Police and Crime Commissioner Matthew Ellis with Chief Executive of Staffordshire Womens Aid Dickie James.

Police and Crime Commissioner (PCC) for Staffordshire, Matthew Ellis, has provided much needed funding to help Staffordshire Women’s Aid launch a new refuge in Stafford to help families who are experiencing domestic violence and abuse.

The funding of £26,000 will help to provide self-contained accommodation for up to 12 families who need emergency support. The new ‘ForWard’ refuge will feature a much needed increase in bed spaces which will enable women to be accommodated alongside their children. It will also provide spaces, including a large play room and outdoor play area, where women and children can take part in activities which will help rebuild their confidence and enable them to plan for safer, independent futures.

Mr Ellis said:

“Domestic abuse has a devastating impact on victims and can affect the whole of their lives. This development will provide accommodation and support for victims of domestic abuse when they need it most.

“This is an unusual situation and the funding shortfall is something I wanted to assist with. Helping those affected by crime is at the centre of my approach to help make Staffordshire safer and to be able to provide funds to ensure the new refuge opens in Stafford is the right thing to do.”

Councillor Jeremy Pert, Cabinet Member for Communities at Stafford Borough Council, said:

“Refuges save lives. We know that two women are killed every week as a result of domestic violence and these refuges are vital in helping prevent those deaths.
“The opening of this refuge comes against a backdrop of others across the country having to be closed because of lack of funds so we are very grateful for the support of the OPCC in helping to make this happen. The premises in Stafford is a new model than the old-style of refuge, with more space for family accommodation to cater for the children of mums who are fleeing violence in their home. This is not only about protecting women but the children too.”

DPCC Sue Arnold with Charlotte Almond and Dickie James from Staffordshire Women’s Aid
DPCC Sue Arnold with Charlotte Almond and Dickie James from Staffordshire Women’s Aid

Chief Executive of Staffordshire Women’s Aid Dickie James said:

“The Office of the Police and Crime Commissioner for Staffordshire has demonstrated absolute commitment to meeting the needs of victims of domestic violence in the area. This generous and timely contribution to the running of the new Forward House refuge, set up for the most at risk and vulnerable victims, is just one example of this.

“The PCC has worked in partnership with Staffordshire Women’s Aid in other, innovative ways including the Domestic Abuse Champions initiative. This has enabled us to deliver training and guidance to employers and businesses across Staffordshire so that employees who are victims can seek support in their workplace. This kind of initiative, enables us to work in partnership not only in meeting the needs of victims, but in helping prevent escalation and reduce risk.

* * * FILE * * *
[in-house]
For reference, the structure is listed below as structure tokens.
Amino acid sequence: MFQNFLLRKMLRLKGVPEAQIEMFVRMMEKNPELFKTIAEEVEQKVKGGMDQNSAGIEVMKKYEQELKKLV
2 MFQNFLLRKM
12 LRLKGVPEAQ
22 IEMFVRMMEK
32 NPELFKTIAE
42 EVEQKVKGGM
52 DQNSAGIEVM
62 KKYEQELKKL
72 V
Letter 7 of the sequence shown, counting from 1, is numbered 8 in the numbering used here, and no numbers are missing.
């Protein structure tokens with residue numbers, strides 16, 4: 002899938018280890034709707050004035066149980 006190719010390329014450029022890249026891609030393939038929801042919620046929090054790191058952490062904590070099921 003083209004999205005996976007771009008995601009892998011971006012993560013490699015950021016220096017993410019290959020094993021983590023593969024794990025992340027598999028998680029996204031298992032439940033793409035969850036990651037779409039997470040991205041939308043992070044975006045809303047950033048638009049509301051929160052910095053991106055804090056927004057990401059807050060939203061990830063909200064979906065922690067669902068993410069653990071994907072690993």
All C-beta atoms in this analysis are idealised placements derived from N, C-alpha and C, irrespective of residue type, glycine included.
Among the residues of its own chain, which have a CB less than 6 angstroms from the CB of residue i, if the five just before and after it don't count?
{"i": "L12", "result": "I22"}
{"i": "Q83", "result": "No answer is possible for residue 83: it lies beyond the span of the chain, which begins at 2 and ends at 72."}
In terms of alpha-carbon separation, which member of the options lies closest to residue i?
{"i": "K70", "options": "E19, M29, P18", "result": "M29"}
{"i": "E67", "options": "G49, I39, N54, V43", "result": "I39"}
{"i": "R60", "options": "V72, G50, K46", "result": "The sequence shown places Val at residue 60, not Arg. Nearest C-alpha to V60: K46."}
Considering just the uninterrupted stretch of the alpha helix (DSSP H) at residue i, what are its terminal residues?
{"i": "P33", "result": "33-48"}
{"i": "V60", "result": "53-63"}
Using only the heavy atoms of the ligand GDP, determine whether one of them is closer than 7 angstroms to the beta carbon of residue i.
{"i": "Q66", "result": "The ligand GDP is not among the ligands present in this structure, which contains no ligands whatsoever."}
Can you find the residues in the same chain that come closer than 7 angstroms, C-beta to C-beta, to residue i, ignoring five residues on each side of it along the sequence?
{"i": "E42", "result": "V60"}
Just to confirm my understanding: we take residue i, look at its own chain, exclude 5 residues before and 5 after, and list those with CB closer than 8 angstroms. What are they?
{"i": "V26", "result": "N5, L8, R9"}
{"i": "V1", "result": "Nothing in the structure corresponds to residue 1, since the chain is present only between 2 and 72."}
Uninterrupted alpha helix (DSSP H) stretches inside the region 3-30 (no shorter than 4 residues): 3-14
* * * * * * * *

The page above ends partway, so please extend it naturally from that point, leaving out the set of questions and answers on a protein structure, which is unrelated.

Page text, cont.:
“We are delighted and grateful to have received this support, and look forward to future work with our PCC that addresses the problem of domestic violence in innovative ways, and enables victims to become survivors.”

In 2015 the Office of the Police and Crime Commissioner launched a new initiative which throws a lifeline to workers who suffer abuse at home.

The workplace programme is part of ongoing efforts by Staffordshire’s Police and Crime Commissioner Matthew Ellis to offer better service and support for victims of domestic abuse.

The PCC has funded specialist training, delivered by Staffordshire Women’s Aid, for a nominated individual from each business that signs up.

Organisations who sign-up to the programme – at no cost to themselves – will commit to taking steps to support staff in abusive relationships and make sure victims are aware that help is available. Managers will be encouraged to spot tell-tale signs of abuse and give practical and confidential guidance to staff.

The British Crime survey found that there were an estimated 12.9 million incidents of domestic violence against women each year and 2.5 million against men. Meanwhile, such crime is estimated to cost the economy £23 billion a year – including £1.7 billion for employers alone.

Deputy PCC Sue Arnold, Staffordshire Chambers of Commerce Chief Executive Jane Gratton and Chief Superintendent Jeff Moore.
Deputy PCC Sue Arnold, Staffordshire Chambers of Commerce Chief Executive Jane Gratton and Chief Superintendent Jeff Moore.

Staffordshire Women’s Aid is an award-winning charity which has been supporting victims of domestic and sexual violence in Staffordshire since 1976. Through specialist support, the organisation empowers victims to change their lives and plan for safer, healthier and independent futures.

Businesses throughout Staffordshire who are interested in signing up to the workplace scheme should visit www.staffordshire-pcc.gov.uk/domestic-abuse
Businesses can also benefit from the Business Crime Matters initiative which aims to beat business crime and help promote economic growth by offering free, confidential advice for business victims of crime. For more details see www.staffordshire-pcc.gov.uk/business/

Additionally, the Staffordshire Victim Gateway, a UK first, was launched on 1 September 2015 to place victims back at the heart of the criminal justice system across Staffordshire and Stoke-on-Trent and has already helped support thousands of people.

Supporting victims and witnesses is one of four key priorities in Police and Crime Commissioner Matthew Ellis’ Safer, Fairer United Communities strategy for more local and effective policing in the county.